Last Updated: November 4, 2020
Marketing and advertising aren’t simply about designing cool and creative campaigns that turn heads. No, those creative efforts need to be driven by informed decisions heavily based on research.
Marketing research analysts have the skills and tools needed to look at market demographics and trends in order to help other marketing professionals choose effective methods of advertising. Read on to discover how these data experts give marketing managers the information they need to effectively market to clients and consumers.
What do they do?
Location and Opportunity
According to Indeed.com, several locations are most in demand of marketing research analysts, including:
Marketing research analysts are mainly information gatherers. Using an assortment of tools, like questionnaires, focus groups, public opinion polls, interviews, and sales figures, they give teams of advertisers research to back their practices on.
Marketing research analysts measure the effectiveness of marketing campaigns, and analyze the successful and unsuccessful aspects of all campaigns. By studying market conditions, they help inform decisions about when, where, and how to introduce a new product or service into the marketplace.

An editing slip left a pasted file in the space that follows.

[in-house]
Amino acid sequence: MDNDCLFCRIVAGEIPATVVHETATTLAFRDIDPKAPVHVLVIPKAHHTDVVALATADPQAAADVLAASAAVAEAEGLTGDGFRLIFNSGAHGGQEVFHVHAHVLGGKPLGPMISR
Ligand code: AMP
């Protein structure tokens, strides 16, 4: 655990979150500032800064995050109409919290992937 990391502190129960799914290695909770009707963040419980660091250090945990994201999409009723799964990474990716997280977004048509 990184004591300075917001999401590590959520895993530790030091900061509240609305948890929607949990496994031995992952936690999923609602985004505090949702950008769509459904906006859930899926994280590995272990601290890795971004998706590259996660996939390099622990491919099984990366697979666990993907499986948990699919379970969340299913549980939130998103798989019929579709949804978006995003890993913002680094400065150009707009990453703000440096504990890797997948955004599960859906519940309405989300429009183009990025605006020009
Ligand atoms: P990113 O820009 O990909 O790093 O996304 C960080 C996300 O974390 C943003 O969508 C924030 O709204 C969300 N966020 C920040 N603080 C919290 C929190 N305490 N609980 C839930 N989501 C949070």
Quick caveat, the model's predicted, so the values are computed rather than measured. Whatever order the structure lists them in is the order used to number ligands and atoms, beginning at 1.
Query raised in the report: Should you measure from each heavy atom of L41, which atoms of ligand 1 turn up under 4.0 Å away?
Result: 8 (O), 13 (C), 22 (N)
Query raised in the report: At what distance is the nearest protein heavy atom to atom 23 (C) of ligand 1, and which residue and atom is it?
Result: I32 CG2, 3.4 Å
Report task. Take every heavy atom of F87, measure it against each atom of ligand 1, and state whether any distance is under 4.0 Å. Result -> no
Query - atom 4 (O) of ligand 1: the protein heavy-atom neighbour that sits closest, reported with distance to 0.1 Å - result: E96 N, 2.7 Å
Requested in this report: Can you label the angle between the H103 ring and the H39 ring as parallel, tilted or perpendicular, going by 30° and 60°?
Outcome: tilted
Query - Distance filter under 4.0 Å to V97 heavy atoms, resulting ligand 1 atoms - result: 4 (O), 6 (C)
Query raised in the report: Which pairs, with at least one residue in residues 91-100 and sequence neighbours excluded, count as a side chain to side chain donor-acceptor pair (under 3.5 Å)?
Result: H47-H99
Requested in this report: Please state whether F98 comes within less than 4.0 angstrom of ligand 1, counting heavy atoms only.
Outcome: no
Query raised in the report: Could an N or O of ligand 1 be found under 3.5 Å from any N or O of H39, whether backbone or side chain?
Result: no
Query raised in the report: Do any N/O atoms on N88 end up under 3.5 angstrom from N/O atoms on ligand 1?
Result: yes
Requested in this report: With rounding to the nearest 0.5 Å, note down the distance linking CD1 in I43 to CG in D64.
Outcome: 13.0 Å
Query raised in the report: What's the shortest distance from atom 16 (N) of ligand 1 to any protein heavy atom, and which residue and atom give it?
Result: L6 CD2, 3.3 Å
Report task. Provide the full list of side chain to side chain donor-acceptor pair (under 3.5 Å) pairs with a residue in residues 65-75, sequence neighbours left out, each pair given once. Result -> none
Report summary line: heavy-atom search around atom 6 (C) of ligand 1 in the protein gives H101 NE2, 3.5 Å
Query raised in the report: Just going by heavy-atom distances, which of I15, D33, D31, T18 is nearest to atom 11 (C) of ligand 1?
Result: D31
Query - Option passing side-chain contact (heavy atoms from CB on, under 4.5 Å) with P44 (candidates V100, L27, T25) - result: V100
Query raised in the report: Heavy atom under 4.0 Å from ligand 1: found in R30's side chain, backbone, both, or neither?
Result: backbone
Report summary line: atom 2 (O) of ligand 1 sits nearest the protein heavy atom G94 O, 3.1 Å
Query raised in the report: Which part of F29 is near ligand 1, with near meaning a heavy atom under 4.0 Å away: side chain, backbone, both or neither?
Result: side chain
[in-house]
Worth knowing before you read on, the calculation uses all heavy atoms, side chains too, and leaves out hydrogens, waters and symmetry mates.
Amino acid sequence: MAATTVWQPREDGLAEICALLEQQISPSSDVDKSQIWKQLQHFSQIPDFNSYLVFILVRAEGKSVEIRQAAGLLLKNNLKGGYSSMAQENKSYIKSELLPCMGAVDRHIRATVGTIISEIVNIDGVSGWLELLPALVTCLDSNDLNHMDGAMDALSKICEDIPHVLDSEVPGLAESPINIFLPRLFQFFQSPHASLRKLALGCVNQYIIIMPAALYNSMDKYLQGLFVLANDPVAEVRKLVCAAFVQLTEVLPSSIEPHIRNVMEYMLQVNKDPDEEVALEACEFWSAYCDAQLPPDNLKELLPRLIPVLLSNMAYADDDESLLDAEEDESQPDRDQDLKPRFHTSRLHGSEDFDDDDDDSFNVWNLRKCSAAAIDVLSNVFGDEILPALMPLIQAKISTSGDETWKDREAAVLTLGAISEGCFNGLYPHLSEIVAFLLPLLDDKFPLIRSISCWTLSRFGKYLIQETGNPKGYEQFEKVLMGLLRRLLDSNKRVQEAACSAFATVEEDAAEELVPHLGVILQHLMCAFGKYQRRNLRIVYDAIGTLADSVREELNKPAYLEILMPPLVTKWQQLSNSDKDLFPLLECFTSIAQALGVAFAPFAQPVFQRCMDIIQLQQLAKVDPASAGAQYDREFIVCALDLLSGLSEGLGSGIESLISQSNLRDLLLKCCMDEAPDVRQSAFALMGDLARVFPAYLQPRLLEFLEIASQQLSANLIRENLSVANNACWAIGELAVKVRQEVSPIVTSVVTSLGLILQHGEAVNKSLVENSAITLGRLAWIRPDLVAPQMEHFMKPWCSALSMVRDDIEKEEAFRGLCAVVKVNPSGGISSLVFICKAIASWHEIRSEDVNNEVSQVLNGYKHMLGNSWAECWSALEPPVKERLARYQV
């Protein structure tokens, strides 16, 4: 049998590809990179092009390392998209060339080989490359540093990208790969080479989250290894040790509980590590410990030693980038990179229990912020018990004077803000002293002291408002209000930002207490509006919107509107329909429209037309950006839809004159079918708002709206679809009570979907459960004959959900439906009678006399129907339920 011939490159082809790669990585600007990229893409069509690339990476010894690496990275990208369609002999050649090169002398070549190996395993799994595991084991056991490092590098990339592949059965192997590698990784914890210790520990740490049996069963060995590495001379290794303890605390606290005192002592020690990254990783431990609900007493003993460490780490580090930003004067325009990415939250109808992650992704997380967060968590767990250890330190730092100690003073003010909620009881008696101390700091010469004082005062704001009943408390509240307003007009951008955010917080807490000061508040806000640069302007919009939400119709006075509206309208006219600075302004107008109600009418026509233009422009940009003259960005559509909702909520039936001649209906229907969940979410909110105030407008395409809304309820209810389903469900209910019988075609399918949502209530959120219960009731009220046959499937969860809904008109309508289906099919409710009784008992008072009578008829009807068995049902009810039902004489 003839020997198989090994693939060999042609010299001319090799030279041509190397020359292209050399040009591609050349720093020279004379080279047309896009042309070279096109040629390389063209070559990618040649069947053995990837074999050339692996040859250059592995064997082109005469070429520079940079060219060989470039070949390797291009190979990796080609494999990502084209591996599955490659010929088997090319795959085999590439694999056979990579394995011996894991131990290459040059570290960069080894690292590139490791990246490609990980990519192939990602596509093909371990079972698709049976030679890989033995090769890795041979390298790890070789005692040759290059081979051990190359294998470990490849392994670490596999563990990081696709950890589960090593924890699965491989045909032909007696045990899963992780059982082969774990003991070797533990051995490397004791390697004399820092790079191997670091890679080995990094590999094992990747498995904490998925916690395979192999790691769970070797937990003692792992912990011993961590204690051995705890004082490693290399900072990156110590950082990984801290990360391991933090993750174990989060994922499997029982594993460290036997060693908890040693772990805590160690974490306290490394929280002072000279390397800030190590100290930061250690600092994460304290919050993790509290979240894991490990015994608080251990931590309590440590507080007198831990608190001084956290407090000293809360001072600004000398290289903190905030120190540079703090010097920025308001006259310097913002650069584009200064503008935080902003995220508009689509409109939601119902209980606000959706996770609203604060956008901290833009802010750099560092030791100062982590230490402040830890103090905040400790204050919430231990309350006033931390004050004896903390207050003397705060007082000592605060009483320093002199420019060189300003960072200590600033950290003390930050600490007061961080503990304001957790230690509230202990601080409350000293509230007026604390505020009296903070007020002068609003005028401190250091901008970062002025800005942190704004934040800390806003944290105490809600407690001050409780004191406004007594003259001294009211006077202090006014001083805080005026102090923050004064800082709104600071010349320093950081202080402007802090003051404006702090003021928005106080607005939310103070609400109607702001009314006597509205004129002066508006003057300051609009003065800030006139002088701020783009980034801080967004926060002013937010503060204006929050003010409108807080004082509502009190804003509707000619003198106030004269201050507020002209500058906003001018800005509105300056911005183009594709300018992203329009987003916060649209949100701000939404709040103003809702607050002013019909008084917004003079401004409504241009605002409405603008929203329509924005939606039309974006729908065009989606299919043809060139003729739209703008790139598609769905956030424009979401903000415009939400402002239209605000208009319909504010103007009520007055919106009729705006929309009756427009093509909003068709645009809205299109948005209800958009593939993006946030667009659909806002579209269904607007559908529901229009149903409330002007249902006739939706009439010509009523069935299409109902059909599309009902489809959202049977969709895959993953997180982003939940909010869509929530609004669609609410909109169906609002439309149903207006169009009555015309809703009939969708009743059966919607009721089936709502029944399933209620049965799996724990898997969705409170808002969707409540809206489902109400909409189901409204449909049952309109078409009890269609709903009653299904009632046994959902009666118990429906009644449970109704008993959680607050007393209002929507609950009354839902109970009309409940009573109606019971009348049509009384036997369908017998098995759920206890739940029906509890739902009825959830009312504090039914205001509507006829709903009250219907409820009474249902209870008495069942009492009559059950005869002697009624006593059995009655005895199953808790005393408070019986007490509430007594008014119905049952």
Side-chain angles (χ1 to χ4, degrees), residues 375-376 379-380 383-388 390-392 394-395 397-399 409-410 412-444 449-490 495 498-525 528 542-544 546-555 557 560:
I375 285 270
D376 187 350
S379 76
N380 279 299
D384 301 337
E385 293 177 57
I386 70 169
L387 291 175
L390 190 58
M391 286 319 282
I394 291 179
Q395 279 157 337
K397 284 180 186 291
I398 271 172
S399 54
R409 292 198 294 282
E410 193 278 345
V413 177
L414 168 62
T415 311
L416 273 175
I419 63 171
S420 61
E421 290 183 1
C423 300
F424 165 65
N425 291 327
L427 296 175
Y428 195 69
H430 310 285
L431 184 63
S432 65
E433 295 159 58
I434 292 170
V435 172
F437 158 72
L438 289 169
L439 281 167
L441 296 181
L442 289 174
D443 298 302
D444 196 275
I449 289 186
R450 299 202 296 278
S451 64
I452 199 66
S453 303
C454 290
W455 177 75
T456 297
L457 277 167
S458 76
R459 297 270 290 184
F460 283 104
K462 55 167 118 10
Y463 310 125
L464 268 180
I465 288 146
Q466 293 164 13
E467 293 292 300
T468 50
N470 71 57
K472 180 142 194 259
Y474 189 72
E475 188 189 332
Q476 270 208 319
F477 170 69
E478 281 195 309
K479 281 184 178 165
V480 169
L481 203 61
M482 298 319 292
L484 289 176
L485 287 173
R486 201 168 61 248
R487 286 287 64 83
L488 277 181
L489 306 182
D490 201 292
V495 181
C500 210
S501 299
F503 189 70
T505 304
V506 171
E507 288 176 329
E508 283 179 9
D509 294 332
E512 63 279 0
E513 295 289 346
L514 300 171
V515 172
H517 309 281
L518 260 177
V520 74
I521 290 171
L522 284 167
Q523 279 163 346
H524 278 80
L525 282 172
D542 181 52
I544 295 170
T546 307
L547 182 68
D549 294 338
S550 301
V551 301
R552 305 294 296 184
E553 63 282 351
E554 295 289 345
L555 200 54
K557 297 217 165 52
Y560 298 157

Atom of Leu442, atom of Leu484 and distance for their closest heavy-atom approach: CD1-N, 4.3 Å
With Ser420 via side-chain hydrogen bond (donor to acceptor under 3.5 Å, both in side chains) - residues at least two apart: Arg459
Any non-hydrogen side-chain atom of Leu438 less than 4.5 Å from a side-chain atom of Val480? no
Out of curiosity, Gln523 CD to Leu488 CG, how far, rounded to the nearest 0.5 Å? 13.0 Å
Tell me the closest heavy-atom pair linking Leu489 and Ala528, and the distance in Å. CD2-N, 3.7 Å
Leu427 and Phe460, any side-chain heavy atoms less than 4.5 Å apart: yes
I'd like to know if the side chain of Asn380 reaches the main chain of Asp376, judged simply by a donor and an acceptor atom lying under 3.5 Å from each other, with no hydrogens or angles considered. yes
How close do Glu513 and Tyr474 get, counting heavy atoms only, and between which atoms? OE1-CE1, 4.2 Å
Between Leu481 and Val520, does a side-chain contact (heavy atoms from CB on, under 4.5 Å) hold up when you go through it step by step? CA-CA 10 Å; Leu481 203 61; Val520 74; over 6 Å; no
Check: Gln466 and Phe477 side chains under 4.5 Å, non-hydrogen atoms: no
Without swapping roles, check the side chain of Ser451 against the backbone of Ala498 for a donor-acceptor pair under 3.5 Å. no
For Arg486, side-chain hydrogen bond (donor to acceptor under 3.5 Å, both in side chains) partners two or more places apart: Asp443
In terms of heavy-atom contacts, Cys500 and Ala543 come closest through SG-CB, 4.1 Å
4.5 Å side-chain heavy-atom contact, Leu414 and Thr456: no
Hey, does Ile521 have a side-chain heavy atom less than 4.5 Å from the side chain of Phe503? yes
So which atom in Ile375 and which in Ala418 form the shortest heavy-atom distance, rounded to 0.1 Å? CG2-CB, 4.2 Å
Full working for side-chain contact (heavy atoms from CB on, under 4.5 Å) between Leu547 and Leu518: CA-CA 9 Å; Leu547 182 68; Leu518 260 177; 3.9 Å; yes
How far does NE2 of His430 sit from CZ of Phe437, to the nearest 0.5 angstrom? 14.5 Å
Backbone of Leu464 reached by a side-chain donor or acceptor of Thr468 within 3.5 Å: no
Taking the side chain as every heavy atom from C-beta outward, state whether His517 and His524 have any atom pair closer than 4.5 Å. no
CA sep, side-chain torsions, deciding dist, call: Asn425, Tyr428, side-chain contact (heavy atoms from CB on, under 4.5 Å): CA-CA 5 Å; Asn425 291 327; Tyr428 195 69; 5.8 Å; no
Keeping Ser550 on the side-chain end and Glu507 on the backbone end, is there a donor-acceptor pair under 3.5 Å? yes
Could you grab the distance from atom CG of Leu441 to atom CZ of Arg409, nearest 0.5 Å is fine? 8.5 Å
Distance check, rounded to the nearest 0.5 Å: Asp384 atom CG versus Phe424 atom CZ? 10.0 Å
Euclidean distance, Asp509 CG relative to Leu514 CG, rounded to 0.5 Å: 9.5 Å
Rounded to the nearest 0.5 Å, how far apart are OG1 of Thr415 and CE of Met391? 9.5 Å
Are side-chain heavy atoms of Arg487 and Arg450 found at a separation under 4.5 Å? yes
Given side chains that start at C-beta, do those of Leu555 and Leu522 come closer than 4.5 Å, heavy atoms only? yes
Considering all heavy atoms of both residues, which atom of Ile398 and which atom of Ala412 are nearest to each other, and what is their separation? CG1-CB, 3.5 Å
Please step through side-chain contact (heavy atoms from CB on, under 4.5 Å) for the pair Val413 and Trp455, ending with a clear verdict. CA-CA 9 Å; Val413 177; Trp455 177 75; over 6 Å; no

Companies typically hire market research analysts in teams, allowing them to collaborate on various projects. Other professionals they might work with include:
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Due to the high volume of numbers and data figures market research analysts must crunch through on a daily basis, strong math skills are a must for any individual looking at the career. Additionally, they must have an understanding of how to reflect those figures in a way that makes sense to less math-savvy marketing professionals.
All companies require market research analysts to obtain at least bachelor’s degrees, and many prefer candidates with master’s backgrounds. Most market research analysts receive degrees in either marketing or statistics.
Become a Marketing Research Analyst
The average salary for a market research analyst in August 2012 was $82,500, though that pay scales according to experience and size of the company. Higher level market research analysts who move on to management positions have the potential to make over $120,000.
If you’re interested in learning more about how marketing research analysts find the meaning behind complex market figures, contact schools offering degrees in marketing.